Parshas Mishpatim
           February 21, 2009 - 27 Shevat 5769
                             A SPECIAL SECTION FOR THOSE
                      WHO PREPARE FOR SHABBOS


Voices From the Ezras Nashim

The section in bold below was written in the expectation of posting for Parshas Yisro. The reason it did not get posted is most likely my lack of good planning, however, the larger question presented requires exploration. Input from any reader who would like to comment or add a thought is welcomed.

This week was filled with tasks that needed doing regardless of my intention to do something else. There were hours waiting for car repairs, insurance applications to review, a Mom who is finding the change to assisted living difficult and multiple shopping trips for things I just could not seem to remember when I was at the store for the first time. I had planned the week to leave time for preparing the Purim deliveries for the Bikur Cholim. Perhaps next week will see the completion of this project.

The events of the week did give me time to ponder the issue of kavanah. Generally I hear others speak of kavanah as applying to prayer and I wondered if there was a wider application. The quotation below was among the first I discovered when I searched the Internet. The quote is from a piece written in 2004 for the Tufts Hillel website.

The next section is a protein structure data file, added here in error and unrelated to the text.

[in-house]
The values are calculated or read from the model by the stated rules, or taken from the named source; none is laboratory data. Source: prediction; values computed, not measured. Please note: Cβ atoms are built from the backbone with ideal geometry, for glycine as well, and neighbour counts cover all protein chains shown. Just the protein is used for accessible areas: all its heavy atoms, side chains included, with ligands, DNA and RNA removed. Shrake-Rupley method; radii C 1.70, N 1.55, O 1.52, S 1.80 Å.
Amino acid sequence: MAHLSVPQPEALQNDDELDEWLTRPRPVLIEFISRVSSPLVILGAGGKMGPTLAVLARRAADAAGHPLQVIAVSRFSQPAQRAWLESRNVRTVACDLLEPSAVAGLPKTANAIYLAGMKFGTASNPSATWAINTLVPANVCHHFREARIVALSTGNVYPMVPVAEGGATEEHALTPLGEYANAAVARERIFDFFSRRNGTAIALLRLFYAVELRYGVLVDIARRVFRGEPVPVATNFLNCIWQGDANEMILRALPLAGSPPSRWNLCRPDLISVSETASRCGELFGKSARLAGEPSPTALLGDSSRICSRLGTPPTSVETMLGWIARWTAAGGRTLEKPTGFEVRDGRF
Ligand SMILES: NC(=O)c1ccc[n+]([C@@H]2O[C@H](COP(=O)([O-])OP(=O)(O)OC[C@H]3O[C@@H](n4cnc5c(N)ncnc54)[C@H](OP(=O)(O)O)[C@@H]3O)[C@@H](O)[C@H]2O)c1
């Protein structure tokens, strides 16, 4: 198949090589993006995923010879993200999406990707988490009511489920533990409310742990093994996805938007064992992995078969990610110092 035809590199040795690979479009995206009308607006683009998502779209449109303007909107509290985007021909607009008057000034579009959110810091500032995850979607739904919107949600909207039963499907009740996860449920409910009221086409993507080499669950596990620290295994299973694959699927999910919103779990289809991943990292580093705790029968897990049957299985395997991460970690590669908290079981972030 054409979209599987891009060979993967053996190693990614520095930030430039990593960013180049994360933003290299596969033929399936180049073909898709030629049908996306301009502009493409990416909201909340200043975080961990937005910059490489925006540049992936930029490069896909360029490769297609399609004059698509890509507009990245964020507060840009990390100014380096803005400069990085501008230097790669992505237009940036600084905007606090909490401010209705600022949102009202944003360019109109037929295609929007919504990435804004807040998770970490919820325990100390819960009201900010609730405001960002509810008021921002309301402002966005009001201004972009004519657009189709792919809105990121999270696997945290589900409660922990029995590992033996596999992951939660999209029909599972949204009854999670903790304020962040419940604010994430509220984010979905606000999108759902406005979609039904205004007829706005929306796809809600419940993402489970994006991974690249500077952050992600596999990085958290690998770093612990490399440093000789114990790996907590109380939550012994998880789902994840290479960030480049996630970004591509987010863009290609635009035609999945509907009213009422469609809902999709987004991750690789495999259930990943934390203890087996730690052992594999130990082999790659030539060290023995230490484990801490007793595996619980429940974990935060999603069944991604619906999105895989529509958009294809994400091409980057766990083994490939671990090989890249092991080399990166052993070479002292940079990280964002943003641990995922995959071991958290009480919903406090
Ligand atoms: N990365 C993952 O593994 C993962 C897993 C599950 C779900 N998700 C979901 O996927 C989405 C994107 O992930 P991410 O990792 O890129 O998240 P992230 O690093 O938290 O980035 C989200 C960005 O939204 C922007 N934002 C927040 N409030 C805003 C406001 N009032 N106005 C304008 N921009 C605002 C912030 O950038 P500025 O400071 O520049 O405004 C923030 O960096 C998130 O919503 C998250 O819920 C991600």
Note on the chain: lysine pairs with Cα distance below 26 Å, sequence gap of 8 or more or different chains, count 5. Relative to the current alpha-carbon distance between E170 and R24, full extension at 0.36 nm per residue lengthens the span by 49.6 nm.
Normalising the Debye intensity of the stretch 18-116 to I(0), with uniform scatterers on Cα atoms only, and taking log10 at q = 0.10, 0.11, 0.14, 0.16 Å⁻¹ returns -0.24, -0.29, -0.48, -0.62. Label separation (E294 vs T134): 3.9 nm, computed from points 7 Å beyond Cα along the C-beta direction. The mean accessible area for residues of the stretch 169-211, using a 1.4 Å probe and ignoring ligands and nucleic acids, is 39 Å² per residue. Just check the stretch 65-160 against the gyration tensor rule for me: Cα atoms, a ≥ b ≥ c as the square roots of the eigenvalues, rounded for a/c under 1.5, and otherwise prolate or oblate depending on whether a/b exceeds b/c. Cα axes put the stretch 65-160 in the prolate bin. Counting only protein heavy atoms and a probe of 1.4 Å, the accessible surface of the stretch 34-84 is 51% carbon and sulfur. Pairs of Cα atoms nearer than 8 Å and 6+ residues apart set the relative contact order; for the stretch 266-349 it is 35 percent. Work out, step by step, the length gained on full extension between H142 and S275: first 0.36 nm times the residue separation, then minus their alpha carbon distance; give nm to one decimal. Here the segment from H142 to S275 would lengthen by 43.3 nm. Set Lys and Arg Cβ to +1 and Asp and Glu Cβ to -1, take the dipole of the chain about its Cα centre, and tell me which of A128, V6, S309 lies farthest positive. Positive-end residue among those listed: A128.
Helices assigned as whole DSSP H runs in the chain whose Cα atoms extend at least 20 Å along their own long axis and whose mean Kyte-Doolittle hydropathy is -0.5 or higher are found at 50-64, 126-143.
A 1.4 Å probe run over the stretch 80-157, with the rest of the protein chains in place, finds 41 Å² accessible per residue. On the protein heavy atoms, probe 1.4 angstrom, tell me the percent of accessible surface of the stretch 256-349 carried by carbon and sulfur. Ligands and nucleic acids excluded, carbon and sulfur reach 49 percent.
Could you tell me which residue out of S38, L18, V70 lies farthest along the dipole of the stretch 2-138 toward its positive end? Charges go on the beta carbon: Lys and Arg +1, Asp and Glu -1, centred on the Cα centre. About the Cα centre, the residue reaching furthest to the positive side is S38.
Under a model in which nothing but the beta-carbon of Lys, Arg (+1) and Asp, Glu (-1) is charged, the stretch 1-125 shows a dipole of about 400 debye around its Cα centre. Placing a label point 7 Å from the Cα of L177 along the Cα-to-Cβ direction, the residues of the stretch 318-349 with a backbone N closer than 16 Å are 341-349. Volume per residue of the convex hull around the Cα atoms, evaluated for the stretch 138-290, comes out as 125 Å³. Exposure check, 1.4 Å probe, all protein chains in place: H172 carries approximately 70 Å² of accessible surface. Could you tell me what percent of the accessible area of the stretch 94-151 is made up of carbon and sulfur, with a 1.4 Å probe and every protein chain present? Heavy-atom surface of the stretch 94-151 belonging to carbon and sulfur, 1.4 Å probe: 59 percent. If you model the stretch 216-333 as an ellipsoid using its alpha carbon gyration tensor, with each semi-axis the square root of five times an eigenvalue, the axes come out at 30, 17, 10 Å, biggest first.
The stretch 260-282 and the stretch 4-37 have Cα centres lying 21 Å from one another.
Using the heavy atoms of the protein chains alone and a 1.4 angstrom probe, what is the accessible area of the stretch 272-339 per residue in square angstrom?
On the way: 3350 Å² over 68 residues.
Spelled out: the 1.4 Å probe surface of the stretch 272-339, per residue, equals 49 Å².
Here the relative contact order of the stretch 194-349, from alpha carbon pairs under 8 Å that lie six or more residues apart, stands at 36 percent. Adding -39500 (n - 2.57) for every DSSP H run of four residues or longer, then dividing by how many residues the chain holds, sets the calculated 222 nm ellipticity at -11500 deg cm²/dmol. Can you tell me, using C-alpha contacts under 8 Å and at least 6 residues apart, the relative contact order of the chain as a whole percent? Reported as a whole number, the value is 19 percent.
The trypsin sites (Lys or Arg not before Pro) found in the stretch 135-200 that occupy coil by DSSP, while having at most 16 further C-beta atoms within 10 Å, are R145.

“In the Jewish tradition, intention, kavanah, is an essential part of meaningful action. The term kavanah comes from the Hebrew root meaning to direct, intend, focus. The rabbis were very clear that living a meaningful Jewish life involves combining both the actions we do and the intention we bring to those actions. For example, the rabbis stressed that prayer was not just about the act of reading or saying the words of a prayer. If you did not pray with kavanah, actively thinking about the words you were saying, you have not fulfilled your obligation to pray. So too, in the Mishna, there is a wonderful passage about the commandment to hear the shofar blown on Rosh Hashanah. The rabbis ask an interesting question: What if you were outside walking to shul and you heard the shofar being blown and then you realized it was a shofar and not, say, a fog horn? They pose the question: have you fulfilled your obligation to hear the shofar? The answer that they give is an emphatic "No!" In order to fulfill your obligation to hear the shofar, you have to actually intend to hear it before you hear it. That is, meaningful action is not just something that happens haphazardly. Meaningful action is the confluence of a thoughtful decision about what you want to do coupled with the action of doing it.”